We, the people of South Africa,
Recognise the injustices of our past;
Honour those who suffered for justice and freedom in our land;
Respect those who have worked to build and develop our country; and Believe that South Africa belongs to all who live in it, united in our diversity.
We therefore, through our freely elected representatives, adopt this Constitution as the supreme law of the Republic so as to
Heal the divisions of the past and establish a society based on democratic values, social justice and fundamental human rights;
Lay the foundations for a democratic and open society in which government is based on the will of the people and every citizen is equally protected by law;
Improve the quality of life of all citizens and free the potential of each person; and
Build a united and democratic South Africa able to take its rightful place as a sovereign state in the family of nations.
May God protect our people.
Nkosi Sikelel' iAfrika. Morena boloka setjhaba sa heso.
God seën Suid-Afrika. God bless South Africa.
Mudzimu fhatutshedza Afurika. Hosi katekisa Afrika.
- Preamble to the Constitution of the Republic of South Africa, 1996
More often than not, a group that has the monopoly of power in a country will only lose it through war or violent revolution. It is extremely rare in history to give up power voluntarily, for a group to negotiate itself out of power. Yet that was what happened between 1990 and 1994 in South Africa – the Whites-only National Party had had a firm grip on political and military power since 1948 but made a deal with the Black majority to establish a democracy and transfer power to the winner of the elections.
On 10 May 1994 Nelson Mandelastood on a stage in Pretoriadeclaring, “Free at last”. He had just been inaugurated as free South Africa’s first president. The same aircraft which had bombed his followers in neighbouring states did a fly-past to honour their new commander-in-chief. And next to the new president stood one of his deputy-presidents: F.W. de Klerk, leader of the National Party and former State President of apartheid South Africa.
What prepared the ground for the South African transition?
The world, South Africans included, called it a miracle. But what made that miracle possible? How did it happen that those who enjoyed power and privilege under apartheid negotiated it away?
Black South Africans’ resistance against apartheid was consistently squashed by the police, using wide-ranging security legislation. In March 1960 policemen killed 69 people and wounded 180 when they tried to stop a mass demonstration against the pass laws at Sharpeville. The massacre led to a hardening of attitudes on both sides. The government declared the African National Congressa banned organisation, and in the next few years imprisoned several senior ANC leaders on Robben Island. Leading members of the ANC and the South African Communist Partyformed a guerrilla army which later became the ANC’s military wing, Umkhonto we Sizwe.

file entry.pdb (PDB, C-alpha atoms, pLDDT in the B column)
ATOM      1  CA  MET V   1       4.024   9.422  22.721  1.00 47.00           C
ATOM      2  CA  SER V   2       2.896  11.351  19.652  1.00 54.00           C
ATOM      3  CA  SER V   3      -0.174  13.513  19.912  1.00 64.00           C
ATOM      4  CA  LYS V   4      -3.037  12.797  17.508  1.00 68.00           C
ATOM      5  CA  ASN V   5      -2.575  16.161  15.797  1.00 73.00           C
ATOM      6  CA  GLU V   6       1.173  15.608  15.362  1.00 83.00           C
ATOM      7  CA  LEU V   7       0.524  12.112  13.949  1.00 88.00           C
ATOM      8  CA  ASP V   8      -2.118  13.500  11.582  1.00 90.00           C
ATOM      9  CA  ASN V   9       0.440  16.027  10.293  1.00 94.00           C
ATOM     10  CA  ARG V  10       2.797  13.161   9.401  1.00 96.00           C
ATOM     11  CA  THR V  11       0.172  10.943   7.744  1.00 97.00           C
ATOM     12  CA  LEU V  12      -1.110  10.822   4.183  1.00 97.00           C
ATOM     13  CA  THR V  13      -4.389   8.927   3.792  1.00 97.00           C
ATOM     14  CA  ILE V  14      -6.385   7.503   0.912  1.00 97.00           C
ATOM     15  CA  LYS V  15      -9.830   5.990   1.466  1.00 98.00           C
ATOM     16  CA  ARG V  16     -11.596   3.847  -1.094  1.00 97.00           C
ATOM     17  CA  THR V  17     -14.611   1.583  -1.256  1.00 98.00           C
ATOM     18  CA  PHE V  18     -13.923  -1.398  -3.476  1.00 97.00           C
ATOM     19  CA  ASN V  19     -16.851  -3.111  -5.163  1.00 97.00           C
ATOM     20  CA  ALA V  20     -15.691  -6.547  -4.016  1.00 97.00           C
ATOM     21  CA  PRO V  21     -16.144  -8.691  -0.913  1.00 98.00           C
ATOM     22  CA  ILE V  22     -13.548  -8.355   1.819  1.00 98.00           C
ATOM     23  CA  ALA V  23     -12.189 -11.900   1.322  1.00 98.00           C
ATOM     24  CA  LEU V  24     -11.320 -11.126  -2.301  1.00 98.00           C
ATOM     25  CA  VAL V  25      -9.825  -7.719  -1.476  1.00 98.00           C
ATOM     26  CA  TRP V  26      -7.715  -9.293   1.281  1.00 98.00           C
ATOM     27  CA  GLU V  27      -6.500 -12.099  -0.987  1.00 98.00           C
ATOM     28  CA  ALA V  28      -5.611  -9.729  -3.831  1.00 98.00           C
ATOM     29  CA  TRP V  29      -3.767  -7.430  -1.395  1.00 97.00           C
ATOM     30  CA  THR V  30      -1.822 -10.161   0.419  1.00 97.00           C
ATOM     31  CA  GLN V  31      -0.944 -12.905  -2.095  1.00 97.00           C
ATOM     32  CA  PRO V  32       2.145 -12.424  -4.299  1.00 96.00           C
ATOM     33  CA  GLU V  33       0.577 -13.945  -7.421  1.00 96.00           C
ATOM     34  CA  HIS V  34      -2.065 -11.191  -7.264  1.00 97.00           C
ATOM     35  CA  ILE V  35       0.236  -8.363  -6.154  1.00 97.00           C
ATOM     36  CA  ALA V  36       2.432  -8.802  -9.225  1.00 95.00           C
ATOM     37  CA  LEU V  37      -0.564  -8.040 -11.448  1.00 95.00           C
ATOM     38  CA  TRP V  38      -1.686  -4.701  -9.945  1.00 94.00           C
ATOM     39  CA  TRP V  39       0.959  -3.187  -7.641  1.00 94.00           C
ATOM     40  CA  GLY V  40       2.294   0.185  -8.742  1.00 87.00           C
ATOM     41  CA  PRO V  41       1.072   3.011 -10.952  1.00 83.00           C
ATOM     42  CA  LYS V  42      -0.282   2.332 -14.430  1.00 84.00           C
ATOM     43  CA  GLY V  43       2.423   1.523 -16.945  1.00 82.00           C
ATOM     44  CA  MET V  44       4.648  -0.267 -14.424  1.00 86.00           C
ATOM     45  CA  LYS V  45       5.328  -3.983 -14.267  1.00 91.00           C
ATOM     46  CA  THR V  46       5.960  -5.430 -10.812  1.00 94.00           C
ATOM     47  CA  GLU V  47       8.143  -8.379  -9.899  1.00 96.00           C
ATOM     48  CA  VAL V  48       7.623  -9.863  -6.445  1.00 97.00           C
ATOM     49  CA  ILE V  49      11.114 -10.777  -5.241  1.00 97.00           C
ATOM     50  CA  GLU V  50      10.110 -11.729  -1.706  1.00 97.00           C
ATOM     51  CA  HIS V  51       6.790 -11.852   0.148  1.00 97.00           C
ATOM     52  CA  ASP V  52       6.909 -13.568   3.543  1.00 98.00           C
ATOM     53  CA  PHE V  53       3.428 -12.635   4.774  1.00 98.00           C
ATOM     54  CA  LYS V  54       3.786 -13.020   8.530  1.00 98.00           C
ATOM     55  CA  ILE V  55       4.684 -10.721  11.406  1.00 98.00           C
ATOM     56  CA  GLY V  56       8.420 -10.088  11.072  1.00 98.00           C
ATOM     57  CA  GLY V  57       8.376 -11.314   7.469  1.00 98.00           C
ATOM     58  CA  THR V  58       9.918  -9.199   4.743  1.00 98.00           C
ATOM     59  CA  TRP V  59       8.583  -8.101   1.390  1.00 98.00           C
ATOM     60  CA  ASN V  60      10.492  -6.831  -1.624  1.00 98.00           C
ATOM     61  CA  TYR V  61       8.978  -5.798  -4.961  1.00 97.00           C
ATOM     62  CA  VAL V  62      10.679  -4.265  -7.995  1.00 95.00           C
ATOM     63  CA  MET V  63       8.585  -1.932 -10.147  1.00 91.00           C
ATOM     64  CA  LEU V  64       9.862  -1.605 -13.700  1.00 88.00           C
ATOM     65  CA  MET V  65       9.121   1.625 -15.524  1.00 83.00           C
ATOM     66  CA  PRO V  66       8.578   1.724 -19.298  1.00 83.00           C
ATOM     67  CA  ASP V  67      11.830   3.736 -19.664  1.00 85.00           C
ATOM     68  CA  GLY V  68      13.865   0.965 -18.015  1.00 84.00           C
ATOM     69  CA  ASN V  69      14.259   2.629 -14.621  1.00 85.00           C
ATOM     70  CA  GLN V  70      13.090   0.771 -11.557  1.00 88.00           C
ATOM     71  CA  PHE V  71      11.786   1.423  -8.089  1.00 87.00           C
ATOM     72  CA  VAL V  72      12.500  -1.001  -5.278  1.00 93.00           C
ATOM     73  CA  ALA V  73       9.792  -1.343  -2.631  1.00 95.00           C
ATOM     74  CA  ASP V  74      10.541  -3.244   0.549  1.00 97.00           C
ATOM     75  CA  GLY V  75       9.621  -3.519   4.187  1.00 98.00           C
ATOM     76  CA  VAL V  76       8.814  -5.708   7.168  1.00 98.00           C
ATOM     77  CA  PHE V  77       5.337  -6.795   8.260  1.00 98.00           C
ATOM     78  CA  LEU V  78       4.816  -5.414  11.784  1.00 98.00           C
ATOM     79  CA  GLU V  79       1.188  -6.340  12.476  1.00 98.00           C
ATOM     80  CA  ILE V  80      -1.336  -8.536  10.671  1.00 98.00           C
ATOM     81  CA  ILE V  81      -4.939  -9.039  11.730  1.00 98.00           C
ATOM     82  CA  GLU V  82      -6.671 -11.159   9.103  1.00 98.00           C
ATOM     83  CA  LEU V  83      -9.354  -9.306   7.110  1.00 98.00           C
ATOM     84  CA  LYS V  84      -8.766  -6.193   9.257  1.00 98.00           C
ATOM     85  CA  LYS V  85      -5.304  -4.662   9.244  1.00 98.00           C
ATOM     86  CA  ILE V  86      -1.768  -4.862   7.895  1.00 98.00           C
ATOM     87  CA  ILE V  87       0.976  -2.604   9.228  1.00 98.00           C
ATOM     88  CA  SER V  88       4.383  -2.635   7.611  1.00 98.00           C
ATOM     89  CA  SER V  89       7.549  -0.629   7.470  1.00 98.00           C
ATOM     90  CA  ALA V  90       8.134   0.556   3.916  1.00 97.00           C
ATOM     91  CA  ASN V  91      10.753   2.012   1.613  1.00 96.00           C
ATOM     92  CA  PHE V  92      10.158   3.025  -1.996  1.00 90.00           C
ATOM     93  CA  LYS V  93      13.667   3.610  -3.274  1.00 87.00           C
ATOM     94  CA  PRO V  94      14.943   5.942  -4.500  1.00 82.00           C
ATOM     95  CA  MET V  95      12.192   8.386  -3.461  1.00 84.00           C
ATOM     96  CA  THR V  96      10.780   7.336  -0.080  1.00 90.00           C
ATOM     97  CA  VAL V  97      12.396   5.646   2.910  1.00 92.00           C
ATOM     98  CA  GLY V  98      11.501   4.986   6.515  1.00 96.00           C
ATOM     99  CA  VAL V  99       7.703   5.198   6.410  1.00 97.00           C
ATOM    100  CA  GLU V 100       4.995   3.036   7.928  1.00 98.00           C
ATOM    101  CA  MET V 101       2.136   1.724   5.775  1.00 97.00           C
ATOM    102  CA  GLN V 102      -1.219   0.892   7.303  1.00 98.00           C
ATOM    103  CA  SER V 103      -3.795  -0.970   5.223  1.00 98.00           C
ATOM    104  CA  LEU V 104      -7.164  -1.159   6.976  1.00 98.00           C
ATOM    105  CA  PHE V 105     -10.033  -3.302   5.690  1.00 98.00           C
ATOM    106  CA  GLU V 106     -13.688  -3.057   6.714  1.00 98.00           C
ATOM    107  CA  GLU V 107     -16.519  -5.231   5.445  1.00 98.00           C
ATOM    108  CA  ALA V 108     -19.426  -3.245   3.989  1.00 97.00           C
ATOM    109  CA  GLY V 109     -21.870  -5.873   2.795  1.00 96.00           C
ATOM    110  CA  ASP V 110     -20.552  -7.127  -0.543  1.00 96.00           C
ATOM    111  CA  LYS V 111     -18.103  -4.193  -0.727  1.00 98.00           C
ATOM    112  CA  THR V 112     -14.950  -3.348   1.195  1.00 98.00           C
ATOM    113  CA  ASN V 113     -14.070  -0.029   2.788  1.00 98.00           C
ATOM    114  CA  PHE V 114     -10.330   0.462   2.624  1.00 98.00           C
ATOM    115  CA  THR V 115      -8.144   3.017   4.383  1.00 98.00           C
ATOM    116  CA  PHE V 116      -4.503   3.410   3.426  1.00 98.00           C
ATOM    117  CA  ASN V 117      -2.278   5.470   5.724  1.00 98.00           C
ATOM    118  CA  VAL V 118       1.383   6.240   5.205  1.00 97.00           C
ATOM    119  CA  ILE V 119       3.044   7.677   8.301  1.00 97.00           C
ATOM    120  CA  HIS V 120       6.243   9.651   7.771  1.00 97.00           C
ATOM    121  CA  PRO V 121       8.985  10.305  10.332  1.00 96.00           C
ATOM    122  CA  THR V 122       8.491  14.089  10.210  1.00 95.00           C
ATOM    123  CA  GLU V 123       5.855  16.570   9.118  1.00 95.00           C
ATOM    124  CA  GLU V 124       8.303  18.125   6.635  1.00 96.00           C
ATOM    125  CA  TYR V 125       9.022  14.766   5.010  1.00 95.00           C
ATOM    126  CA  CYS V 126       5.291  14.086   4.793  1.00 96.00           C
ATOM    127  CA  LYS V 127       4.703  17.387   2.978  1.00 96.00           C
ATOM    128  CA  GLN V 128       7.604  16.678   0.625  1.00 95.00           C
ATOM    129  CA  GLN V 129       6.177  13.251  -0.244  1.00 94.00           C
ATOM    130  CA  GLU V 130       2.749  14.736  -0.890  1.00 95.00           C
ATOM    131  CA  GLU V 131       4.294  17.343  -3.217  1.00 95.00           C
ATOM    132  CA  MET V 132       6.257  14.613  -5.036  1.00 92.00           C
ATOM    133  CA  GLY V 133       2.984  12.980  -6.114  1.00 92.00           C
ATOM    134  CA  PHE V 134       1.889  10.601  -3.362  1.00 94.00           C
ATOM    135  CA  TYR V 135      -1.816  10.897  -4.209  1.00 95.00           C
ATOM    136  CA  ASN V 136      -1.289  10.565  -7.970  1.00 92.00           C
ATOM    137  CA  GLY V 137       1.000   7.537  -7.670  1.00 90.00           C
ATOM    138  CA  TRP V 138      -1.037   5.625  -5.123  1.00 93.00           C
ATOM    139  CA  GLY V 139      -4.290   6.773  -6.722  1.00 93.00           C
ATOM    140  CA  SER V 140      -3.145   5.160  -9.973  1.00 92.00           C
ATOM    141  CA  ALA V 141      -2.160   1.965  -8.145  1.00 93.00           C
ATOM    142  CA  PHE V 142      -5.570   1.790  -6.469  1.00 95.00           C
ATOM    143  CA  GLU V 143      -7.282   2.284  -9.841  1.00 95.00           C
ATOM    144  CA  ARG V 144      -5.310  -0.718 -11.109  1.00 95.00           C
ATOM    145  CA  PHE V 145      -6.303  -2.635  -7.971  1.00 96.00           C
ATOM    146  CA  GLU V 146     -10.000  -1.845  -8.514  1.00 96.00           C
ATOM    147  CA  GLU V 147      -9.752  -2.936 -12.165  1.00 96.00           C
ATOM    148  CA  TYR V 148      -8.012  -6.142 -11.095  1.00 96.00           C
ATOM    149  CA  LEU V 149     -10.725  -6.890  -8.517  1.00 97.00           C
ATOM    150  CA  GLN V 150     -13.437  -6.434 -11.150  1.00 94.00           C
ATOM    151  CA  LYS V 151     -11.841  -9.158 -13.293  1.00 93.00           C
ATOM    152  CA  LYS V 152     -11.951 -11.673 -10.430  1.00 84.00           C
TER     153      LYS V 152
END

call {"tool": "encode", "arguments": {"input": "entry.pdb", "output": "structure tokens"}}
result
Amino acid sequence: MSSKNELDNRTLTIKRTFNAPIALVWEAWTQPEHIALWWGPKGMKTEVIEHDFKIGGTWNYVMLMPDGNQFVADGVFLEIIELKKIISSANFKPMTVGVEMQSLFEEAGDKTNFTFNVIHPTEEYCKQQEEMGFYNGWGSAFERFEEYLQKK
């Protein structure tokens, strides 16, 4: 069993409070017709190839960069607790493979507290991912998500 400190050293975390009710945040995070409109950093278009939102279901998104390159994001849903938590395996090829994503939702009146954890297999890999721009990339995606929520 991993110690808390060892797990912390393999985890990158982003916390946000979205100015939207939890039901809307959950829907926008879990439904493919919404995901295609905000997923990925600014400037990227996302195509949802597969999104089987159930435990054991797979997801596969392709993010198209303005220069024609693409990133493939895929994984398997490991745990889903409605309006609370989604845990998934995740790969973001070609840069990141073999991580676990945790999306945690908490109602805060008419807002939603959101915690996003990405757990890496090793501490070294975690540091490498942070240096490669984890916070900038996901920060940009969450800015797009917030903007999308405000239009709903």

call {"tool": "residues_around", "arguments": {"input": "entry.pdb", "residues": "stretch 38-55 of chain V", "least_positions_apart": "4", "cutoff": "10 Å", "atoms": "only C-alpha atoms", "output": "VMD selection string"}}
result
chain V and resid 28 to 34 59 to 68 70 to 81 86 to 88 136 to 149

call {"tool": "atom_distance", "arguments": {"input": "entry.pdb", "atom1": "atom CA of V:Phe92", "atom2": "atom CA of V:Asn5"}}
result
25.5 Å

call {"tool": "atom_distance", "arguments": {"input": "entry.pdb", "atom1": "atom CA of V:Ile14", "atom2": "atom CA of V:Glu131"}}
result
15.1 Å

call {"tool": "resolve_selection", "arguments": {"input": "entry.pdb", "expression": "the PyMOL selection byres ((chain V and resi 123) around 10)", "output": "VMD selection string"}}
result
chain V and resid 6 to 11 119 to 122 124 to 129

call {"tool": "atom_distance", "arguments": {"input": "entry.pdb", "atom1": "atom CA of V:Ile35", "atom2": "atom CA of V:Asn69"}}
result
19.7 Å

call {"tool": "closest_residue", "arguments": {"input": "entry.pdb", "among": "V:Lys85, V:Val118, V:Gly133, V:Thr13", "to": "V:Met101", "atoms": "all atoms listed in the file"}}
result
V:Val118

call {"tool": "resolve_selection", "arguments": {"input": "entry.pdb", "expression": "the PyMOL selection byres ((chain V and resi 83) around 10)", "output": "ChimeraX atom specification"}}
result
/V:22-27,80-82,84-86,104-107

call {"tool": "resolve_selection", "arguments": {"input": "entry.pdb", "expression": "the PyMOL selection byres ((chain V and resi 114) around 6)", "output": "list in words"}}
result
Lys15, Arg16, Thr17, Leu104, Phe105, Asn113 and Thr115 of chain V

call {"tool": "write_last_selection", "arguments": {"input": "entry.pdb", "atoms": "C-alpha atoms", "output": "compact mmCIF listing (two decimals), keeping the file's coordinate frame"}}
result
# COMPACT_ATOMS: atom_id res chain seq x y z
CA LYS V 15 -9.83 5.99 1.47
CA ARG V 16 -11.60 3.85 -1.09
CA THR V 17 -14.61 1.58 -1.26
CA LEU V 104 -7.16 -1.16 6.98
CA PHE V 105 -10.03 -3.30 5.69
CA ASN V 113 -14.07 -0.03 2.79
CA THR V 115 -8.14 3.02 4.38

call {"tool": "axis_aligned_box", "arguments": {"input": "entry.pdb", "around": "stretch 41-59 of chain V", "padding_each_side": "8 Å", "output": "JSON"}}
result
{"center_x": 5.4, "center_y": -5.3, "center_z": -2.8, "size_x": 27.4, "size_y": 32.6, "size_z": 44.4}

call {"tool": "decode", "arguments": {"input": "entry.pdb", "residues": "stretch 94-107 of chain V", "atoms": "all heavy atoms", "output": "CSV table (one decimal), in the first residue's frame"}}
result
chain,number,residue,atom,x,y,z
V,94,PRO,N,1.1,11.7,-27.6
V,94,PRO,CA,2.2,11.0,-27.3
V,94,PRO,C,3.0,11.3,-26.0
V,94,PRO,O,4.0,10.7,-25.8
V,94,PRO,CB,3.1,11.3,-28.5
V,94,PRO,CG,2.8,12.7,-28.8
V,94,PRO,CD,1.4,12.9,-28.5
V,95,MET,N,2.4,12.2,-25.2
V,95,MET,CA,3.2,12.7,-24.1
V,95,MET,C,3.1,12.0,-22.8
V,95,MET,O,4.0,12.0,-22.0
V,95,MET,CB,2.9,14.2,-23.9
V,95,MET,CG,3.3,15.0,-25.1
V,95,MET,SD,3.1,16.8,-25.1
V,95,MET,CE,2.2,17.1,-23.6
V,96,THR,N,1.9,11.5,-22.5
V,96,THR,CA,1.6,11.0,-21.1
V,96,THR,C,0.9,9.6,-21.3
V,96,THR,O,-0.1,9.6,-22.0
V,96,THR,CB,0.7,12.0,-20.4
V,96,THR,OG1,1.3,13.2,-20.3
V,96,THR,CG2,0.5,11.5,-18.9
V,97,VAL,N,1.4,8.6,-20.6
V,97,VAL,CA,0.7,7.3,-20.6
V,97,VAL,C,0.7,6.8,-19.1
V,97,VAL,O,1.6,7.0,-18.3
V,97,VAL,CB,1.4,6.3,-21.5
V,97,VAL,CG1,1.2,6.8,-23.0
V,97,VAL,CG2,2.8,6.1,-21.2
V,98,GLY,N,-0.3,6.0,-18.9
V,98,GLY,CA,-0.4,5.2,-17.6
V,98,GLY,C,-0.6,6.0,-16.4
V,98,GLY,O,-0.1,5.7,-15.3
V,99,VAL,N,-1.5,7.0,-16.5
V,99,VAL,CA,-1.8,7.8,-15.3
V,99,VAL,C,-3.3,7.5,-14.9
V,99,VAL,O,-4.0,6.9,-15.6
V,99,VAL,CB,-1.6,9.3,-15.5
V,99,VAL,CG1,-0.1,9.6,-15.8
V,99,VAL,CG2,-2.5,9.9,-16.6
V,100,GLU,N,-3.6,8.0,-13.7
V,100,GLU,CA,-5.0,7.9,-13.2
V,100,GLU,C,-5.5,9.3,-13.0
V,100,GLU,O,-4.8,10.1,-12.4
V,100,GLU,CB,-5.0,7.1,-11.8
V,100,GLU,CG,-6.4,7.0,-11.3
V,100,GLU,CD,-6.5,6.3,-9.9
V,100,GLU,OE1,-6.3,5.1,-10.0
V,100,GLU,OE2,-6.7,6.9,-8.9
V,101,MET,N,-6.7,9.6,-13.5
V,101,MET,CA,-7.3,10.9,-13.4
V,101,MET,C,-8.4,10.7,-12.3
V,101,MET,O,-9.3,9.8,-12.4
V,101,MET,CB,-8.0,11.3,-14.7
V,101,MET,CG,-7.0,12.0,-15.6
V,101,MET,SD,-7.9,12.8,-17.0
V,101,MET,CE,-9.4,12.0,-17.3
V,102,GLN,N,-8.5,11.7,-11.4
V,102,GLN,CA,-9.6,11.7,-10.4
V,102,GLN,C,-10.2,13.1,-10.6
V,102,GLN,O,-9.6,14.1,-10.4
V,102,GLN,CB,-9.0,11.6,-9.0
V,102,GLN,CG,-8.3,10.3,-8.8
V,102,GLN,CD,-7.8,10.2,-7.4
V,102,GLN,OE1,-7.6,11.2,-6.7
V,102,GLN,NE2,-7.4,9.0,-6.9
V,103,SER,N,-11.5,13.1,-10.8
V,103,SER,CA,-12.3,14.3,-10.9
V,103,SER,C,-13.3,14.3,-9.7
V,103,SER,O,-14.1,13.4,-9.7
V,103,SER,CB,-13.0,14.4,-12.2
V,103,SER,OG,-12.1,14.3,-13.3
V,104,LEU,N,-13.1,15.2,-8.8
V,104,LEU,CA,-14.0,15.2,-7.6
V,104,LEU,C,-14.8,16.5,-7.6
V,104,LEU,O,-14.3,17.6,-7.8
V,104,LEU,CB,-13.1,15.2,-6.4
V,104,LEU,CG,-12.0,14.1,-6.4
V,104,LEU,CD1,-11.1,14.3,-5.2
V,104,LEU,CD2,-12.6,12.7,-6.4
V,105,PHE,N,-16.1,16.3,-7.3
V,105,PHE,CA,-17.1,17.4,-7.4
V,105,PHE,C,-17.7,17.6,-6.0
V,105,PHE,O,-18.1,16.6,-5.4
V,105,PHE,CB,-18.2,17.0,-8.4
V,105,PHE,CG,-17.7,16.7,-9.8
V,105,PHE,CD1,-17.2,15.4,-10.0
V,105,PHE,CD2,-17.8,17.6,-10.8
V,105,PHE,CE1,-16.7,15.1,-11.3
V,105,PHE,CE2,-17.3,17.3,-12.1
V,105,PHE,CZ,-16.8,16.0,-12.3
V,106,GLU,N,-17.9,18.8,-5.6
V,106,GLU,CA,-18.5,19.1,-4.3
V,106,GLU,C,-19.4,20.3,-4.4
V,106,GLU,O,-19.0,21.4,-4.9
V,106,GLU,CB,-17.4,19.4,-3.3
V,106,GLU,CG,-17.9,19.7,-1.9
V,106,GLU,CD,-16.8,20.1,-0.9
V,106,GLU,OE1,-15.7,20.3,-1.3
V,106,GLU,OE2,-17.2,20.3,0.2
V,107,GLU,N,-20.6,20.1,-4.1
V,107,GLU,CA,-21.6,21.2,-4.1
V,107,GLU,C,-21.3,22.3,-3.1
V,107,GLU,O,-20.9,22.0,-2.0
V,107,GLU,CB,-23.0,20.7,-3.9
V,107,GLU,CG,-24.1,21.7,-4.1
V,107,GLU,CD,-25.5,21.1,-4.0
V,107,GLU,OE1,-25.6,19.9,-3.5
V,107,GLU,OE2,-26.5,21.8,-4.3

The White government felt secure because neighbouring Zimbabwe (then Rhodesia) was run by a White minority under Ian Smith, Mozambique and Angola were ruled by the Portuguese, and Namibia (then South West Africa) was firmly under South African control. However, after a coup d’etatin Portugal in 1974, the Portuguese withdrew from Africa; Angola and Mozambique became independentunder the leadership of the former liberation movements. In 1978 the Security Council of the United Nationsadopted a resolution demanding Namibia’s independence, a resolution that gained increasing support over the years.
coup d’etat- a sudden, violent overthrow of an existing government; (French) literally, blow of state
The resistance to apartheid simmered for a few years and burst into the open again on 16 June 1976when the Soweto students demonstrated against Afrikaans as the medium of instruction in schools; the demonstrations escalated into an open rebellion. In the aftermath of the uprisings large numbers of young people left for neighbouring states to join the ANC in exile.
After a long and bloody war of liberation, Zimbabwe became independent in 1980, with Robert Mugabe of the Zimbabwe African National Union (ZANU) as president. It was slowly becoming clear that White minority rule in South Africa could not last forever.
Prime Minister P.W. Botha soon came under strong pressure internally and externally to reform apartheid. His government’s response was to change the constitution to make provision for separate legislatures for Coloureds (House of Representatives) and Indians (House of Delegates). These chambers existed alongside the White House of Assembly.
The United Democratic Front was an alliance of over five hundred civic, labour, religious and community organisations, and subscribed to the same basic policy document as the ANC – the Freedom Charter.